The Irvine 11

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September 9, 2011
Palestinian Statehood: Now’s the Time
September 10, 2011

The Irvine 11 – by Stephen Lendman

On February 9, New York Times writer Jennifer Medina headlined, “Charges Against Muslim Students Prompt Debate Over Free Speech,” saying:

On February 8, 11 Muslim students interrupted Israeli ambassador Michael Oren’s University of California-Irvine speech, criticizing him and Israeli injustice. In fact, they exercised their fundamental First Amendment right doing so.

Nonetheless, Orange County “District Attorney Tony Rackauckas….filed misdemeanor criminal charges against (them), accusing them of disturbing a public meeting and engaging in a conspiracy to do so.”

Afterwards, the Southern California ACLU sharply criticized him. In addition, about 100 faculty members urged him to drop the charges. He refused.

Orange County is a hotbed of right-wing extremism, reflected in its district attorney, acting more like an Israeli enforcer than defender of constitutional rights.

During Oren’s speech, students rose one at a time to interrupt, finally getting Oren to “huddle with his aides to decide whether to continue. He did, but by the time” he ended, all 11 students were arrested.

They’re called the “Irvine 11,” even though three were University of California-Riverside students.

In recent years, southern California Jews called SC-Irvine a hub of anti-Israeli activism. The Zionist Organization of America (ZOA) accused university officials of not confronting the issue.

Others call targeting Muslims when they speak out courageously the real problem, especially about Israeli lawlessness and injustice.

It’s one thing calling them too outspoken or rude. It’s quite another falsely accusing them of lawbreaking by exercising their free speech right.

In fact, if Jewish students confronted a visiting Muslin official, it would have gone unnoticed, no matter how many did it or what they said.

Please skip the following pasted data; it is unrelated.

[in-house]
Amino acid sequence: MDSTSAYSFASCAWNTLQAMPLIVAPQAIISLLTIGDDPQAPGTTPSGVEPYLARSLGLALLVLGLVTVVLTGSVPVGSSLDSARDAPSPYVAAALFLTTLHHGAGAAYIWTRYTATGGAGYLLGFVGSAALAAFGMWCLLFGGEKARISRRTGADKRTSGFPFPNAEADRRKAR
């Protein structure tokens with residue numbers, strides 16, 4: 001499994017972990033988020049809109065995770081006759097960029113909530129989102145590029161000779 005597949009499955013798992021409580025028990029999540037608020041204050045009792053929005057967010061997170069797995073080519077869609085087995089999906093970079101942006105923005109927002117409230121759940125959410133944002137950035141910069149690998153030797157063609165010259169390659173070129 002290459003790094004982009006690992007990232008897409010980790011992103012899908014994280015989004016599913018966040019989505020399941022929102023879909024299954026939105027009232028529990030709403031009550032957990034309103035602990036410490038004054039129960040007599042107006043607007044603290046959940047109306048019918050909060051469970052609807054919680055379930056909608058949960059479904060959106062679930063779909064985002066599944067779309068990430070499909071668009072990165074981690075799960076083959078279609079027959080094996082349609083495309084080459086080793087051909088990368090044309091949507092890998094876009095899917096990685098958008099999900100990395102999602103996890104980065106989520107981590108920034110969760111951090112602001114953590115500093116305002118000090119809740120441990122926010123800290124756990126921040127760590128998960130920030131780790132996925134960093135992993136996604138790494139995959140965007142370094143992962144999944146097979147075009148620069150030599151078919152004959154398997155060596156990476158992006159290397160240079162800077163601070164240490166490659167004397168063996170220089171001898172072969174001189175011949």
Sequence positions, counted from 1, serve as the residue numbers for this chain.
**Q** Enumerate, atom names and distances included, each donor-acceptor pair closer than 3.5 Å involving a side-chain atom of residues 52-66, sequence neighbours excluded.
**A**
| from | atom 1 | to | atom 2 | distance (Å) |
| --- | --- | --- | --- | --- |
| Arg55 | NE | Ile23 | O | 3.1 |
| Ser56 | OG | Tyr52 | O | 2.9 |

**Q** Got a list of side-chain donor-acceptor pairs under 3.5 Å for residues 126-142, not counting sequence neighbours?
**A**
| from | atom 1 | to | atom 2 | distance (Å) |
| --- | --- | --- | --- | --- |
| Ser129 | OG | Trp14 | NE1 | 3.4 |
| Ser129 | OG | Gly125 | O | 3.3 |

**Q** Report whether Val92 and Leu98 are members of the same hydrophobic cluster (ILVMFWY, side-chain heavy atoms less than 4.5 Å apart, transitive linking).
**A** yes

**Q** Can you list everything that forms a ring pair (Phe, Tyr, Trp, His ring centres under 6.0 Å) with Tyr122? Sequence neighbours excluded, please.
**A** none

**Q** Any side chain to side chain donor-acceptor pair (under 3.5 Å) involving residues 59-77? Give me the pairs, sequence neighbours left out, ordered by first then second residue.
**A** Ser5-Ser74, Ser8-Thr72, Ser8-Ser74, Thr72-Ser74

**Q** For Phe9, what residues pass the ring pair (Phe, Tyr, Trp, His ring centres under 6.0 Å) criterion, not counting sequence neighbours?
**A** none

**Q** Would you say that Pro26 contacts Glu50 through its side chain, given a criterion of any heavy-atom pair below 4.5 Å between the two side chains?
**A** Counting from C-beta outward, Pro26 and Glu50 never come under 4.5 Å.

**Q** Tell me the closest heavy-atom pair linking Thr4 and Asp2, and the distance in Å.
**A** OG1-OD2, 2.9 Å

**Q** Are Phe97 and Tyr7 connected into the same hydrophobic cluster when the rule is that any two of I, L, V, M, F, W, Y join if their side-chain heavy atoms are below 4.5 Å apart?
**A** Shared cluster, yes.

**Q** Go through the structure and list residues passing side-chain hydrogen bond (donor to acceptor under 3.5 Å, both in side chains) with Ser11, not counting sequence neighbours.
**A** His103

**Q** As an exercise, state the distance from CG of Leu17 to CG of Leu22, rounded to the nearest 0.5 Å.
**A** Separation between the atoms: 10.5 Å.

In 2009, ZOA also accused UC-Irvine’s Muslim Student Union (MSU) of sponsoring an event to raise money for Hamas, asking the FBI to investigate. No charges were filed.

However, university officials accused MSU of coordinating with students to interrupt Oren’s speech. As a result, in mid-June, they suspended the organization for a year, placing it on disciplinary probation.

At the time, attorney Reem Salahi, representing MSU, said the action would have a “massive chilling effect,” adding:

“What does it mean to suspend an organization that represents hundreds of Muslims on campus? What (UC-Irvine is doing) is depriving those students of the right to associate.”

“It’s not only the punishment, but the vilifying of these students that’s concerning. Whether it was rude is not the issue. The issue is that they were trying to air their (legitimate) grievances in a peaceful way.”

She also said so-called evidence used was flawed, explaining:

“A lot of (it) was anonymous. We don’t know who was testifying. A lot of the evidence was redacted. We don’t know what was said in full.”

We do know that UC-Irvine acted like an Israeli enforcer, defiling constitutional rights in the process.

On September 8, Los Angeles Times writer Lauren Williams headlined, “Irvine 11’s trial begins with both sides citing 1st Amendment,” saying:

The trial for 10 students began. In August, charges against the 11th were dropped. If convicted they face up to a year in jail, not for lawbreaking – for being Muslim in America at the wrong time, as well as challenging Israeli lawlessness.

At issue is why everyone doesn’t do it and why Washington uses taxpayer money to fund it.

“Prosecutors said (students) ‘shut down’ ambassador Michael Oren, preventing him from freely exchanging ideas with those who went to hear him speak….”

“Defense attorneys argued that the students expressed political views in a legal protest and that prosecuting them infringes on their rights.”